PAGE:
Plan to promote $13m Everest horse race on sails of the iconic venue has faced backlash
Hundreds of demonstrators have shone torches on to the Sydney Opera House to protest against controversial advertising for a horse race that has divided the city and exposed the fault lines in Australia’s culture wars.
The protesters, who sought to interfere with the display on the world heritage-listed structure, chanted “Not for sale” and “Whose house? Our house”.
Racing New South Wales, the body behind the promotion, had envisioned Tuesday’s light show as the grand launch of the $13m Everest horse race. Instead, it has faced an intense backlash.
By Tuesday more than a quarter of a million people had signed a petition against the plan, sparked by concern about the commercialisation of the landmark building and the influence of the city’s vocal conservative media.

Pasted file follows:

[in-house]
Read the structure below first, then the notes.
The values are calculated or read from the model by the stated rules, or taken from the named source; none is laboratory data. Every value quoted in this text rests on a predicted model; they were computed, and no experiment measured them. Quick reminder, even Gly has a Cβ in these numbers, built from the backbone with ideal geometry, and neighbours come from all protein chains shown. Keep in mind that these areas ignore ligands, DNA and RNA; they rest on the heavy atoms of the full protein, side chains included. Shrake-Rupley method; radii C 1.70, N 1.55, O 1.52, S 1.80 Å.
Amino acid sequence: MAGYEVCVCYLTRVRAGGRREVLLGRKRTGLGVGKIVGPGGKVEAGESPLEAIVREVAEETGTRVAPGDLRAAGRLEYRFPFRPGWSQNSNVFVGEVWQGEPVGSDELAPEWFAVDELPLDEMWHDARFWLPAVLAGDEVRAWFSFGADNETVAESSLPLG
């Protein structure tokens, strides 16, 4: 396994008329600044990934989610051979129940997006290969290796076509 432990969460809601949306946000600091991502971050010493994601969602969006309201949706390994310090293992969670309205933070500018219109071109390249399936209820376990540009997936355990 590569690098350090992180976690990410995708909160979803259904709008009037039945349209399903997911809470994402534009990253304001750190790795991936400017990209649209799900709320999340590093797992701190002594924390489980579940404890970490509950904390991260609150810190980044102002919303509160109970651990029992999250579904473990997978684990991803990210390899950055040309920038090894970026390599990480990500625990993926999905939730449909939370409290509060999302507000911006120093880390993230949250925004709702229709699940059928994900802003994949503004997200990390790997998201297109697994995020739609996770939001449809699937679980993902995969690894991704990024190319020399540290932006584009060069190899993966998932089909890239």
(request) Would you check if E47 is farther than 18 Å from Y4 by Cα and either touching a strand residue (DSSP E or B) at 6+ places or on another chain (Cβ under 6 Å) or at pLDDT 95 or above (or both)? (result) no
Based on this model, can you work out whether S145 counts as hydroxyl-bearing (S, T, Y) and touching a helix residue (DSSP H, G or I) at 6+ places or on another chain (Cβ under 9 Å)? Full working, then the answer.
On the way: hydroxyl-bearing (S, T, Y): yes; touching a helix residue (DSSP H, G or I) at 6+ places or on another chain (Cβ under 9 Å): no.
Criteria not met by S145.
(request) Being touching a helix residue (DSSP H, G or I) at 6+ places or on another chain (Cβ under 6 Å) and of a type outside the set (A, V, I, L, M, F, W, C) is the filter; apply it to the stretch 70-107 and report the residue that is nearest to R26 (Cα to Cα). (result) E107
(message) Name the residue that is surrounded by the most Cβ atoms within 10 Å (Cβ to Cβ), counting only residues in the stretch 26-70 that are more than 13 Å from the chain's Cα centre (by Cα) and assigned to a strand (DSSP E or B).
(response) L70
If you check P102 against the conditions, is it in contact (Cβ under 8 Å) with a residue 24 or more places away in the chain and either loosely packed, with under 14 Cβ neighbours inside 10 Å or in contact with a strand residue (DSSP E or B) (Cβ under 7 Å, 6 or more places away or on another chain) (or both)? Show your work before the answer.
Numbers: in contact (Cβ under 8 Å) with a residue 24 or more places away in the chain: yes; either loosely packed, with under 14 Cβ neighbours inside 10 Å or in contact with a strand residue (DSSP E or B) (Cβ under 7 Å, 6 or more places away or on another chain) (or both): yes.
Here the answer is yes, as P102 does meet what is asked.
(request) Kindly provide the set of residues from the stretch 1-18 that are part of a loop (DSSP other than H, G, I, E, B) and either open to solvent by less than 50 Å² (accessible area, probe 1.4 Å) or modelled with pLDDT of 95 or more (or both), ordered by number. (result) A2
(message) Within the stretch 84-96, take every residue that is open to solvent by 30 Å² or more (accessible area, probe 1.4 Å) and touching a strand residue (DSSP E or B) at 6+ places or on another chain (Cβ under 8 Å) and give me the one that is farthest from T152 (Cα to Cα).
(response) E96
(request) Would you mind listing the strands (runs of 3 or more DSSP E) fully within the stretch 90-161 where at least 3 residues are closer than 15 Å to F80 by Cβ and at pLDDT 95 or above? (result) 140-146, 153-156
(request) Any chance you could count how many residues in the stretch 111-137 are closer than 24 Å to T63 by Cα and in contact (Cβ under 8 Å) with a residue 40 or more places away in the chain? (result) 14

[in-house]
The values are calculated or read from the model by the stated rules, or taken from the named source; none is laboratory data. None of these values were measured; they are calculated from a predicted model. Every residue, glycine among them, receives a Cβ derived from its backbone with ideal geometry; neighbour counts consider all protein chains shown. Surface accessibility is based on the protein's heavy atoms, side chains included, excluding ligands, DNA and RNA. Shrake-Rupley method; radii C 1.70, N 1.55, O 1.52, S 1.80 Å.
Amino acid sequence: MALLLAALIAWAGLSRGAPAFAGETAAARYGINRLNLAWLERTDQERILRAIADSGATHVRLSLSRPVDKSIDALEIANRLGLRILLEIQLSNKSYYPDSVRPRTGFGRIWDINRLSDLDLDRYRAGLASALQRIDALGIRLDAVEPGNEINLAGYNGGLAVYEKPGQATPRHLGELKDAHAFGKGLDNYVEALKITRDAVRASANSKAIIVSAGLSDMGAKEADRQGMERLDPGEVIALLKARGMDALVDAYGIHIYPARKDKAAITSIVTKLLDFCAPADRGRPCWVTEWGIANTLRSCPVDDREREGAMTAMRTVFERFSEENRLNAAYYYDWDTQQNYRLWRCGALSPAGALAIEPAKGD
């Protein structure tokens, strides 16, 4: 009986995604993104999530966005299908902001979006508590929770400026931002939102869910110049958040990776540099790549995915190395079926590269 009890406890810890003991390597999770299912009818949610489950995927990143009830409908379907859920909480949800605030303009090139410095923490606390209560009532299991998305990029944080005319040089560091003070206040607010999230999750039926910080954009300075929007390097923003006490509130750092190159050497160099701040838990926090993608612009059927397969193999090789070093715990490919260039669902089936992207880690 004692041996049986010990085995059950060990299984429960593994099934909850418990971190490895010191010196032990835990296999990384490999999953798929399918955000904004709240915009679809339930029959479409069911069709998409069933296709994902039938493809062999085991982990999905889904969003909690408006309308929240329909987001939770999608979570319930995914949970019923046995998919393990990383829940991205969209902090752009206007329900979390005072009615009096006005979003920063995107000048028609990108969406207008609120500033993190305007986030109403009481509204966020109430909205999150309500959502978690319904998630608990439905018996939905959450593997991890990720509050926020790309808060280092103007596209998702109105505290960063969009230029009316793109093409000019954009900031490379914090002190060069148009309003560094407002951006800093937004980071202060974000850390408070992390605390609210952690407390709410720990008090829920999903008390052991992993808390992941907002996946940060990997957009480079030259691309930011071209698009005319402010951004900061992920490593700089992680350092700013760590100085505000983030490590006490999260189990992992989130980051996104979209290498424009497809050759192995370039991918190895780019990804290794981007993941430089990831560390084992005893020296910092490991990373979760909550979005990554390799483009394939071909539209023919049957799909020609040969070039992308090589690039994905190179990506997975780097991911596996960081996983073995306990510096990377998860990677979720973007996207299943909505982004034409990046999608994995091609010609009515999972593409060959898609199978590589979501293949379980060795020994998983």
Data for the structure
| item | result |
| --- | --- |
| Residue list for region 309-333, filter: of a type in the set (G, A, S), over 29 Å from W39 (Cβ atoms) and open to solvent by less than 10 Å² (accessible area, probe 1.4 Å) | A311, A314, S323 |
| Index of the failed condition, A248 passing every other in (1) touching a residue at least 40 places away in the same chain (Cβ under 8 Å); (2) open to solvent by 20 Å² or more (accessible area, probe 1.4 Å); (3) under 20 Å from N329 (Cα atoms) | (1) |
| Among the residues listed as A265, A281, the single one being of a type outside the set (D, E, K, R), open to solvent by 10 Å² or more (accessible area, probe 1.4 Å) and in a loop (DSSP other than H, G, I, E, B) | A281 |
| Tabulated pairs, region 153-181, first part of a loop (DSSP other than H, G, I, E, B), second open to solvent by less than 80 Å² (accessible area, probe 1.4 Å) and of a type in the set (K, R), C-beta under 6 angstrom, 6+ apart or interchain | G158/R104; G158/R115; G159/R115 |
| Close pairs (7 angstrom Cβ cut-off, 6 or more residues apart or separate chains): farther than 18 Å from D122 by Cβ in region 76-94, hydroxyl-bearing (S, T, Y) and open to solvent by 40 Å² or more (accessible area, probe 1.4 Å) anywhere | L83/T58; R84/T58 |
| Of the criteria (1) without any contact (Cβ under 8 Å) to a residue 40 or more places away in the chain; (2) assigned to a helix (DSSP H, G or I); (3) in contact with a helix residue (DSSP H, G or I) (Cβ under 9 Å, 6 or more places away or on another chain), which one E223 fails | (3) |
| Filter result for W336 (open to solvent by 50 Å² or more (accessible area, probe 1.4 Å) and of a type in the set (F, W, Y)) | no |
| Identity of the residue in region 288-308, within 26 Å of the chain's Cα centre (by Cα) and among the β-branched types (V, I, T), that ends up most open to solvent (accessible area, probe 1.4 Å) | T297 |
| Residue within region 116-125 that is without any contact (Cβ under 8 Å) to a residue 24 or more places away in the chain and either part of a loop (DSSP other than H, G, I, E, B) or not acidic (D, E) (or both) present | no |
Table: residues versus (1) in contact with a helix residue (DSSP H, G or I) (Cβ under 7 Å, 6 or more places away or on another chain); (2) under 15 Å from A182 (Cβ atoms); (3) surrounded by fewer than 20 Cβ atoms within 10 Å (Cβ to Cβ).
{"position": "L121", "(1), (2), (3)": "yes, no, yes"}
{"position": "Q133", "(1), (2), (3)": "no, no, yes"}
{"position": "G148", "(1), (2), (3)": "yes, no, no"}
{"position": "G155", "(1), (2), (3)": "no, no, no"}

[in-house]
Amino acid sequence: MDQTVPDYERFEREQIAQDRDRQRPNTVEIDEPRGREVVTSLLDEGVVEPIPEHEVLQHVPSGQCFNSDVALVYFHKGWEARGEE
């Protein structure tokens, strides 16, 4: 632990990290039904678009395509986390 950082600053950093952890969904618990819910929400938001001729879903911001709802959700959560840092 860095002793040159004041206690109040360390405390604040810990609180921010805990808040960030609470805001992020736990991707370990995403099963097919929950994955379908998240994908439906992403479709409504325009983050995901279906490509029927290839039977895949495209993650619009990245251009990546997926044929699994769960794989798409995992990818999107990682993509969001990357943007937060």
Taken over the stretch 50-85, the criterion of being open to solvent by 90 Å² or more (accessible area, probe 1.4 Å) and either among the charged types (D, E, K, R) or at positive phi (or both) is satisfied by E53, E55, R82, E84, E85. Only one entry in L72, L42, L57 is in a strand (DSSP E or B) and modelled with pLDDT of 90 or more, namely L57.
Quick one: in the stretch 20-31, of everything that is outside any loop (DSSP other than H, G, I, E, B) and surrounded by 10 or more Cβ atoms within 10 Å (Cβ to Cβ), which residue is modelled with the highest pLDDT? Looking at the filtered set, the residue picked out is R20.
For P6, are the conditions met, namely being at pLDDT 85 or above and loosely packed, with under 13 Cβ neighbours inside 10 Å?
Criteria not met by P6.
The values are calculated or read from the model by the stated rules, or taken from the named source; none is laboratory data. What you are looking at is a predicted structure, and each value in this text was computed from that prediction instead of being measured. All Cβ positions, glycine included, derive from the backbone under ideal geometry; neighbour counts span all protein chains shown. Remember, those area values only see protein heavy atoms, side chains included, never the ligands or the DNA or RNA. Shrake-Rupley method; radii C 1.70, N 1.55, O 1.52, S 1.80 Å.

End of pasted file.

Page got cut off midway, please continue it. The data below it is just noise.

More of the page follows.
In a furious statement on Monday, Michael Lynch, the former head of the Opera House, said: “I find it extraordinary that the state politicians on both sides have somehow decided that this is in the interests of Sydney, New South Wales or Australia to corrupt the way the Opera House works, to corrupt the artistic integrity of the building and to be able to use it in any way a politician wants.
“I would not regard myself as precious or elitist and I just find the lily-livered approach by the politicians on this issue [and] the nexus between the gambling bodies and the politicians seriously disturbing.”
The lord mayor of Sydney, Clover Moore, told the Guardian that the promotion was “blatant commercialisation of Australia’s world heritage-listed Opera House for an industry notorious for damaging gambling and animal cruelty”.
Others, including prominent politicians on the Australian right, dismissed those concerns. The prime minister, Scott Morrison, supported the plan, calling the Opera House “the biggest billboard Sydney has”.